Confirmation of melon and cucumber virus in Bundaberg
Cucumber Green Mottle Mosaic Virus has been confirmed at four sites in Bundaberg, Queensland, operated by one business.
Biosecurity Queensland is working with the business to contain and minimise the disease and its impact.
Cucumber Green Mottle Mosaic Virus (CGMMV) has been confirmed at four greenhouse sites near Bundaberg, Queensland following its suspected detection on 13 February 2017.
Federal Member for Hinkler Keith Pitt today expressed concern for the industry.
“The confirmation of the disease in Bundaberg is disappointing news, not only for the business whose sites have been declared ‘restricted’ but also very concerning for the wider cucurbit producing industry,” Mr Pitt said.
“Biosecurity Queensland is on the job, as this matter sits with the Queensland State Government, and is providing advice on biosecurity control measures to hopefully stop the disease from further spread.
“I understand investigations are underway to determine whether this disease is linked to previous detections.
“I would like to compliment the horticulture industry and in particular the affected business for cooperating fully with biosecurity directions to protect the future of the industry.
“The Coalition Government takes biosecurity seriously and the government has strict biosecurity controls on seed imports, which are four times more stringent than the international standards of the seed industry.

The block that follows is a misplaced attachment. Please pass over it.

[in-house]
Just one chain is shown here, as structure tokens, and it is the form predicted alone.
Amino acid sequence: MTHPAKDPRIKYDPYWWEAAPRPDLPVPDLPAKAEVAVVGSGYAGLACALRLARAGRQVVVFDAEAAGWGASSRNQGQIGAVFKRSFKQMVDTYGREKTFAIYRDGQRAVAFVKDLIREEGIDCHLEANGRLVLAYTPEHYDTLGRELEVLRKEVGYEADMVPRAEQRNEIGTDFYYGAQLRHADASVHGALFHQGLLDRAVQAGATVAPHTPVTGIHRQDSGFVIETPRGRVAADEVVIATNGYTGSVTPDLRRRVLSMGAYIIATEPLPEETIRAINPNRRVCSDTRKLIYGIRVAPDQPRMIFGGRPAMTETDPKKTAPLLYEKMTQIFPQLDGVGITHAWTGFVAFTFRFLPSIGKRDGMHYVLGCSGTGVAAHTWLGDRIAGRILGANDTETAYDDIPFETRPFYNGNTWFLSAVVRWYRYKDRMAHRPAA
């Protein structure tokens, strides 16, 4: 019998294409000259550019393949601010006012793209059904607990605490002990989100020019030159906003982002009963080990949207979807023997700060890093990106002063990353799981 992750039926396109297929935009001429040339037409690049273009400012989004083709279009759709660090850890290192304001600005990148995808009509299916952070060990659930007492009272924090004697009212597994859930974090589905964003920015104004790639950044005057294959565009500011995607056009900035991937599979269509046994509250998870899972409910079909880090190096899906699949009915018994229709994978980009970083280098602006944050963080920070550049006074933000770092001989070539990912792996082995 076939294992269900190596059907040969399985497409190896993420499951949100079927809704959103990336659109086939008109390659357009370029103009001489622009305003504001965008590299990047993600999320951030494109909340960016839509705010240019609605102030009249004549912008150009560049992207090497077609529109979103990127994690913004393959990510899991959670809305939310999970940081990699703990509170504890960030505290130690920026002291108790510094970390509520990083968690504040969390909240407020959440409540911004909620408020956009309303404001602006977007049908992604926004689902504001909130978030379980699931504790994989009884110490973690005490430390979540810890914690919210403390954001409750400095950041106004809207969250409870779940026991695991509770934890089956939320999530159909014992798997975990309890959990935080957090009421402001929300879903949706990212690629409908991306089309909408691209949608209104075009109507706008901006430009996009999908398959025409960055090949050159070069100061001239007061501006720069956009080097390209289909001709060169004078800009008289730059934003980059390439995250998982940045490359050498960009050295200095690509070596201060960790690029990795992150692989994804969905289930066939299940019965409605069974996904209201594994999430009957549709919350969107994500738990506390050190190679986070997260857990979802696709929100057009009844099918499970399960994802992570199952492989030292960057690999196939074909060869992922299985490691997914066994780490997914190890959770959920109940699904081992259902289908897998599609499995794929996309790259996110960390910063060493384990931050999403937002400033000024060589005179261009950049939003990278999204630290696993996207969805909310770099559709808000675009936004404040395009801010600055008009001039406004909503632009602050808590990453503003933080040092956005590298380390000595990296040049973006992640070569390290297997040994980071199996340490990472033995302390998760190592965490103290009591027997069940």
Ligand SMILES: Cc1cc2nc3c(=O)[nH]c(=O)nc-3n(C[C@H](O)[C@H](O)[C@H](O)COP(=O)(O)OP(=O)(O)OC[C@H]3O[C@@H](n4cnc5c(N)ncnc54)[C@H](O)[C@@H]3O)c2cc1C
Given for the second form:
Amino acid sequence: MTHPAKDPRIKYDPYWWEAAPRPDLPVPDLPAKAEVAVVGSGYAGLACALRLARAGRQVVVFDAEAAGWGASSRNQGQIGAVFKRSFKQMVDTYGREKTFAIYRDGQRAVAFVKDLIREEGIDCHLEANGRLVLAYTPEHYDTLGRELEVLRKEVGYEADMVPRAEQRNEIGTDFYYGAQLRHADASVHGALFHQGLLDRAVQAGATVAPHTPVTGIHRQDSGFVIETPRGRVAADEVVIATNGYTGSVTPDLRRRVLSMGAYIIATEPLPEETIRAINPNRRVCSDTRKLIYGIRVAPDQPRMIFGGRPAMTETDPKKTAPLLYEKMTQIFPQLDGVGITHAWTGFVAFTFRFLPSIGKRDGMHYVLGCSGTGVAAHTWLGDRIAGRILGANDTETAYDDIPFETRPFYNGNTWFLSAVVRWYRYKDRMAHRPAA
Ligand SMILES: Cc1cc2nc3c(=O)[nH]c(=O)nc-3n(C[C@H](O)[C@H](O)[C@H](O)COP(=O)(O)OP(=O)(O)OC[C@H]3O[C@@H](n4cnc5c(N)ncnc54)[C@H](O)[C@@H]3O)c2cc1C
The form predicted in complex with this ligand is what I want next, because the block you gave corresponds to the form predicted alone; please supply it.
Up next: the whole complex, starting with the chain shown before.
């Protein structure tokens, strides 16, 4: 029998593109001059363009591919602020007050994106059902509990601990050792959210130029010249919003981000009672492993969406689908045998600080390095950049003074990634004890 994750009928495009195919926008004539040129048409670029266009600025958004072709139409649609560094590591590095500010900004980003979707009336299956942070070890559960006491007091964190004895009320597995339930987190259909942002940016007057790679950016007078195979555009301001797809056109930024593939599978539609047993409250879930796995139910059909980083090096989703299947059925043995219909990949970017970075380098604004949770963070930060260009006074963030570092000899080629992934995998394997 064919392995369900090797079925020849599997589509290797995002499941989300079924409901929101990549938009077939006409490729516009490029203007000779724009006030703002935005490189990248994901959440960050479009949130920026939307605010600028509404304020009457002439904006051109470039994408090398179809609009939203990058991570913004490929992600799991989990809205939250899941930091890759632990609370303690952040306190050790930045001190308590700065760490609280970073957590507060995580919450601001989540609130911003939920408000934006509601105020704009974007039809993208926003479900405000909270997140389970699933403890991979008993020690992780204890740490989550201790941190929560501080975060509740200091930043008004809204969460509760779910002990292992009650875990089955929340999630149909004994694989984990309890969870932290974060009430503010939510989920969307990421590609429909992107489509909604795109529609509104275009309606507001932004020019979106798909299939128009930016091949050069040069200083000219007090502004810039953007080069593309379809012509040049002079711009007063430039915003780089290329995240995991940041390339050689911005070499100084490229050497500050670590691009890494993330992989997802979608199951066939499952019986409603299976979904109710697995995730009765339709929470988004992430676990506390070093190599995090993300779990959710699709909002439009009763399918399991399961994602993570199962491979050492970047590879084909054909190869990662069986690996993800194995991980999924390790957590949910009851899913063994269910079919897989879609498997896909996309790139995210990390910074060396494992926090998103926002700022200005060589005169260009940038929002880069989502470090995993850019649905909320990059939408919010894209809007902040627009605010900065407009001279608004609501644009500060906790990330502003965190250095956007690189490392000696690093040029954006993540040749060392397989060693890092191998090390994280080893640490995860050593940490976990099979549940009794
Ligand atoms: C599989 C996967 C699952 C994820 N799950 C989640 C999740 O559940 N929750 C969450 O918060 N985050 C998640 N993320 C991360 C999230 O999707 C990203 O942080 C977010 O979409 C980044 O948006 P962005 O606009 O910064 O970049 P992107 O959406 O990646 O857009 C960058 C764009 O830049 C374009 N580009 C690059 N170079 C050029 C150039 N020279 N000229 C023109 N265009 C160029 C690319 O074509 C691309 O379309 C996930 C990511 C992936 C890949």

“Australia’s melon production alone, which is just one crop potentially affected by this virus, contributes around $216 million a year to the nation’s economy, so keeping this plant pest at bay is a top priority.”
For more information on CGMMV, visit Biosecurity Queensland’s website.
CGMMV is known to infect a range of cucurbits including cucumbers, melons, watermelons, pumpkins, zucchini, squash and several kinds of gourd.
Australia’s melon crop alone was worth around $216 million in 2014–15 (Queensland’s contribution was close to $80 million).
CGMMV can cause discolouration, stunted growth, misshapen fruit, rotting and necrosis.
The virus particles are long-lived and can survive in dead plant matter, soil and water.
The main pathway for long distance spread of CGMMV is through propagative material including seed, tissue culture or nursery stock.
CGMMV has been detected in Northern Territory (2014), Queensland (Charters Towers, 2015), Western Australia (Geraldton, Carnarvon area, Perth and Kununurra, 2016) and most recently in Queensland (February 2017).